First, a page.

Richard: when we’re looking at the long term of idea of helping society, helping with the whole family breakdown or opioid situation, and this is not maybe so much a political but more a philosophical question. Our organization deals with emphasizing that youth should stay absent before marriage. That that’s the best standard for school-age children. Would you agree with that kind of approach? And that will help stabilize families and make them more successful.
“Anything we can do to help the nuclear family stay together will take care of a lot of these ancillary issues. The black community, as an example, Candace Owens, in front of the Congress testified. That’s the number one issue in that community that destroys families, is the number of single parent households. So I think all of those things together will produce the outcomes that we had a generation ago, or two generations ago.”
Richard: comparing yourself to your opponents, why should the voters choose you? What’s most outstanding in comparison?
“I’m definitely more like the average voter than these two guys are. Both these guys are pretty wealthy guys compared to me. Justice inherited hundreds of millions of dollars and in fact, even Woody, 20 years ago or so inherited about a million dollars. So I’m more like the average everyday citizen with a family trying to raise a family, trying to make ends meet. But at the same time I have experience in the legislature, particularly from the budget perspective and the constitutional perspective. Whether it’s defending your second amendment, your First Amendment, the pro-life issues. I’ve got 100% pro-life, 100% pro-second amendment voting record. I’ve actually developed my own state budget. I don’t think either one of those guys has.”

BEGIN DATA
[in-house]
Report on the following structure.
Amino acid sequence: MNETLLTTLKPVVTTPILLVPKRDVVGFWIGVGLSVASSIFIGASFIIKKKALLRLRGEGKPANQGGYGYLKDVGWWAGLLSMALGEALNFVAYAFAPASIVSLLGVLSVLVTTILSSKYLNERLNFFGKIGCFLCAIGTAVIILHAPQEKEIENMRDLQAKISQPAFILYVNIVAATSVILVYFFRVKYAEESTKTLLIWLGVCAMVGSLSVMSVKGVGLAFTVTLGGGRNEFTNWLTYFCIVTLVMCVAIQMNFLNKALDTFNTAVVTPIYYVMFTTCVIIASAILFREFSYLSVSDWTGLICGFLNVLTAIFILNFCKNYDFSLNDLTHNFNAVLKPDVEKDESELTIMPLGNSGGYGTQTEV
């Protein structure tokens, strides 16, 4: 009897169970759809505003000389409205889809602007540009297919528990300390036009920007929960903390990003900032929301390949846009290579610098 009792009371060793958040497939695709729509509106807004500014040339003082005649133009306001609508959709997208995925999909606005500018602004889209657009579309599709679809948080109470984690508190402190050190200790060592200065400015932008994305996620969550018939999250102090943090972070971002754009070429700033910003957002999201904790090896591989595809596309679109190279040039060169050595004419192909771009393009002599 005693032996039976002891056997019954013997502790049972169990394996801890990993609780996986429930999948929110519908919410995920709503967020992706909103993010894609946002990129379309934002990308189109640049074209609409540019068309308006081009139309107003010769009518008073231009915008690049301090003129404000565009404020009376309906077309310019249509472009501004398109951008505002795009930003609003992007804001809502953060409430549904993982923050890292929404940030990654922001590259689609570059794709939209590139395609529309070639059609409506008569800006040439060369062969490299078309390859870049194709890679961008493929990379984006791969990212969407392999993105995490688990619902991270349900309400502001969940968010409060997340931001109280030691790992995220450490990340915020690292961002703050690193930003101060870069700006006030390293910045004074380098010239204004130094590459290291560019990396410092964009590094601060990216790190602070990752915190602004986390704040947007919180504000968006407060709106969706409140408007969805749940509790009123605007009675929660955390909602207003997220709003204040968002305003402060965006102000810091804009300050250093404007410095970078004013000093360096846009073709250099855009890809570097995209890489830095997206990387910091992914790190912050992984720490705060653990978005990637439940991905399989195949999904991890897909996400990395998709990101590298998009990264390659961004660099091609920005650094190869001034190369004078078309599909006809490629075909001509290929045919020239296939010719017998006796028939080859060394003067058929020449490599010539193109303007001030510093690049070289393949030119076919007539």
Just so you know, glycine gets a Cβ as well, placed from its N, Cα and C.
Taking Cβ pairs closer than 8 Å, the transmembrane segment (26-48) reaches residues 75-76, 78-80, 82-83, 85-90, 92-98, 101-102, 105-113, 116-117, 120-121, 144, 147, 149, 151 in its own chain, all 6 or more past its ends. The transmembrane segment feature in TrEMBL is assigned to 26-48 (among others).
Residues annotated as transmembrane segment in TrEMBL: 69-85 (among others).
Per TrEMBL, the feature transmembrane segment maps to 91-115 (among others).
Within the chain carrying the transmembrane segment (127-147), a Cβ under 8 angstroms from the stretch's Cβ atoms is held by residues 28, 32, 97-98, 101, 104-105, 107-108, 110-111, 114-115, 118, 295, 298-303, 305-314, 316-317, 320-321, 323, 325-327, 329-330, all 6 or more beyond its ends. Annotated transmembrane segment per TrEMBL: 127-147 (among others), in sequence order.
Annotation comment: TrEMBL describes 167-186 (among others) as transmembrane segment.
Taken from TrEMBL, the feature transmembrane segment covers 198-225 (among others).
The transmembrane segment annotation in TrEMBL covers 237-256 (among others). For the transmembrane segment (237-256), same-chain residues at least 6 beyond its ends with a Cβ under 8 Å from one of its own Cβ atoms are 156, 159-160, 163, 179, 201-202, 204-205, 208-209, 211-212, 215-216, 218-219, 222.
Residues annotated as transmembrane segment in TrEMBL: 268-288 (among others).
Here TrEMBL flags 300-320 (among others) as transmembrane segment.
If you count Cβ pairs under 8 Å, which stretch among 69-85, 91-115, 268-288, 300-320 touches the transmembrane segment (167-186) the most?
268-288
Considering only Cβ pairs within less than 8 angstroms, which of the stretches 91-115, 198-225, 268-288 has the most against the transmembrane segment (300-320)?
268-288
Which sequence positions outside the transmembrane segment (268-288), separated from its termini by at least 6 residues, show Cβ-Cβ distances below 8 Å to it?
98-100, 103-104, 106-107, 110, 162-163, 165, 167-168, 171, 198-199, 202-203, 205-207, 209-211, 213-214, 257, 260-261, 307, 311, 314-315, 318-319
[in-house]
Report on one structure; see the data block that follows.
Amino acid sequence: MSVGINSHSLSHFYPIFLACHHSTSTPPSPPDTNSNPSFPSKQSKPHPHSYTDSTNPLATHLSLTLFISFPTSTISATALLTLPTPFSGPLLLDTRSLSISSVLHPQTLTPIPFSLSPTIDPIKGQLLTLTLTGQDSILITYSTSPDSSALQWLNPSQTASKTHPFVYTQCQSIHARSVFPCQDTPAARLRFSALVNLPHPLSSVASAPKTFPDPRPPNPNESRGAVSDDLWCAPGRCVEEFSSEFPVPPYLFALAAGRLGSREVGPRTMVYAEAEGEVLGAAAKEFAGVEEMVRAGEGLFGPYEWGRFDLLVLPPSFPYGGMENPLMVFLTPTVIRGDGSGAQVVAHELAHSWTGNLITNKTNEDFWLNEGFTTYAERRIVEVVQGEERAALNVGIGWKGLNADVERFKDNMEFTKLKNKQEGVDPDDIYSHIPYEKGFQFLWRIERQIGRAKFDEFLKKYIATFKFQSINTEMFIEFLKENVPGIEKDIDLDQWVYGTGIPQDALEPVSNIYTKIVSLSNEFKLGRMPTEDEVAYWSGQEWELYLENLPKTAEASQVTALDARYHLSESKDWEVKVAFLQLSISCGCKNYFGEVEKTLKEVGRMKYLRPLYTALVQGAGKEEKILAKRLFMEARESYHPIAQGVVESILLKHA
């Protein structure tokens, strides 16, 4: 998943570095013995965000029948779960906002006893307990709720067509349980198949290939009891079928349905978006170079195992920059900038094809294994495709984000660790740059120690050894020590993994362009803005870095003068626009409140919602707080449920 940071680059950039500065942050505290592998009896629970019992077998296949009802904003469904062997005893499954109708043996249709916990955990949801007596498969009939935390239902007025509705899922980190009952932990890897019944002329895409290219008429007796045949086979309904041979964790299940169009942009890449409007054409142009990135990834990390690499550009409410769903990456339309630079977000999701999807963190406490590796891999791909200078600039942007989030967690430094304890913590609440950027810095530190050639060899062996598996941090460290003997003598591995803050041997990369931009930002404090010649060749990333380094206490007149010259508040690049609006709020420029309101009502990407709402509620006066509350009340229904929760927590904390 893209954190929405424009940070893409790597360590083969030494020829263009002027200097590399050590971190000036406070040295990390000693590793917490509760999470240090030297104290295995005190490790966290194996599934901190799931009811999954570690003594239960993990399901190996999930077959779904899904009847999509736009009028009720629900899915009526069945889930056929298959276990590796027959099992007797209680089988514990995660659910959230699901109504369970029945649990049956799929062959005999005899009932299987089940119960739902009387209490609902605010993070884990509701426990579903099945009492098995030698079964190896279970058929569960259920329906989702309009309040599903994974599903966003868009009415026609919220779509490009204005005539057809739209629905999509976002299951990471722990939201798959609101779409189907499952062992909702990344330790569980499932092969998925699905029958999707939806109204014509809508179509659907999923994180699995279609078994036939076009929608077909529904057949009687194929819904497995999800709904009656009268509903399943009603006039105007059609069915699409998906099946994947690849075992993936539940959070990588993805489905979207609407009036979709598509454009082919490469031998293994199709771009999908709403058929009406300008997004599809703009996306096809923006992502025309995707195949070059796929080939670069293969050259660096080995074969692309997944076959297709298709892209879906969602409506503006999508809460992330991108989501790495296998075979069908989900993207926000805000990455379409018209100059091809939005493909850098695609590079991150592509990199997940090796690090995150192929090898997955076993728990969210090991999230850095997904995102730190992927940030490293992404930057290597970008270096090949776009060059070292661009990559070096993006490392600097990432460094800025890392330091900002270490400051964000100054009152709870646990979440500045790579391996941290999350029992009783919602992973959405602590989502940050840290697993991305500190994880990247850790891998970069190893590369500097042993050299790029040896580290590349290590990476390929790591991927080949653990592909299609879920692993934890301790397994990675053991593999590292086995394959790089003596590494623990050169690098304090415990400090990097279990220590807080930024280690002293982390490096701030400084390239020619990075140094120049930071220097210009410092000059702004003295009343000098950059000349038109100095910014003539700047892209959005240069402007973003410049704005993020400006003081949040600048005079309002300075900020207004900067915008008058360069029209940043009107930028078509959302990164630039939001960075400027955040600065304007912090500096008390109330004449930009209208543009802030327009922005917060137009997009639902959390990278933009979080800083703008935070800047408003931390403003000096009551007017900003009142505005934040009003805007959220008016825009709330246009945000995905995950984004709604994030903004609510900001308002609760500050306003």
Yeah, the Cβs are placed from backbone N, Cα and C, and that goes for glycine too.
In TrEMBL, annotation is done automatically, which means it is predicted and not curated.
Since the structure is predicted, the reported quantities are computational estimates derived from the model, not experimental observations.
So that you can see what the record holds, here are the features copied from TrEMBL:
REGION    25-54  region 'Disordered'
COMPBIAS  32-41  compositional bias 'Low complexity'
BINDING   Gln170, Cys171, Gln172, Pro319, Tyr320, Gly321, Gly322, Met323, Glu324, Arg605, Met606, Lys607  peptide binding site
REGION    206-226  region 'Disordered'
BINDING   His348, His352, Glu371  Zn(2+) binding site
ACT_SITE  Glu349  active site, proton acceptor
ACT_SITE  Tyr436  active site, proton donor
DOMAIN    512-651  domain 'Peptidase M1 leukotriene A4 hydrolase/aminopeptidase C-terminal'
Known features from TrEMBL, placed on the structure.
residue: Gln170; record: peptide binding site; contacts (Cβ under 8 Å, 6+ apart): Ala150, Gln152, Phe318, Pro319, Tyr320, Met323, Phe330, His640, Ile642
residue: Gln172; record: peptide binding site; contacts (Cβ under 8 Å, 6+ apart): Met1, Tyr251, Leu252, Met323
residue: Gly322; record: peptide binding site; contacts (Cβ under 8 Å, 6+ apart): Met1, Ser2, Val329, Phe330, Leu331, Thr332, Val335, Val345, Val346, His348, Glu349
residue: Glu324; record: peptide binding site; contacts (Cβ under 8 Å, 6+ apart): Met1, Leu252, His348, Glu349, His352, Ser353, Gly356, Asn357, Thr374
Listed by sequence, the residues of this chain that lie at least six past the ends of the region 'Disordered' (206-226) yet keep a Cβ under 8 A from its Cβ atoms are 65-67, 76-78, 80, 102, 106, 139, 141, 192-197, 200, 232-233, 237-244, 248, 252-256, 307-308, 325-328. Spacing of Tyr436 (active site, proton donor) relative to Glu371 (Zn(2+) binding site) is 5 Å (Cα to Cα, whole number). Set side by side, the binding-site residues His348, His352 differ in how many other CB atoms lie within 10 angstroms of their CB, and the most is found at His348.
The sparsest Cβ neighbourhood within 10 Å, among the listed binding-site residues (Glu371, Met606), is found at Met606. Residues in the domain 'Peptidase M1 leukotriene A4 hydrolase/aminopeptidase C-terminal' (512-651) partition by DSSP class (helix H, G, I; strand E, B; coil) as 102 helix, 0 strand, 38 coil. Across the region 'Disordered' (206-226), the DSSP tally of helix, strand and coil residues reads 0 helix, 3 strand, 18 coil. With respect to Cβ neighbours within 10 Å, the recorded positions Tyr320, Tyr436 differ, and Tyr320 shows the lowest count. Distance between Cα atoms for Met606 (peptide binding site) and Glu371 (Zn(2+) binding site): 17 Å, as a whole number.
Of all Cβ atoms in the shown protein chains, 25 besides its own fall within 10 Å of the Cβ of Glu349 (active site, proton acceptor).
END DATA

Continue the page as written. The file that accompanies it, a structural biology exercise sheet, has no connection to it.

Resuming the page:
“Justice has signed a few. Of course the first one that I proposed, which became a blueprint for what ultimately became law, that was, if you recall, that’s when Justice vetoed the budget on the silver platter with the cow pie. That year Justice, never signed a budget. It became law without his signature. A lot of you probably weren’t even aware of that yourself. He vetoed the one on the silver platter with the cow pie, then we went back in special session. In June of 2017, we gave him a budget but he wouldn’t sign it. He let it become law. Because after a certain period of time, it becomes law, automatically. That’s how that budget became law. So I think I have a better ear to the ground of the everyday citizen in West Virginia. And I’ll take that to the office if elected.”
Richard: Okay, well thank you very much. Any other closing thoughts?
“Just get on my Facebook. If you’re on social media. ‘Michael folk for West Virginia governor’ and my website is fokk4wv.com, and check me out if you haven’t.”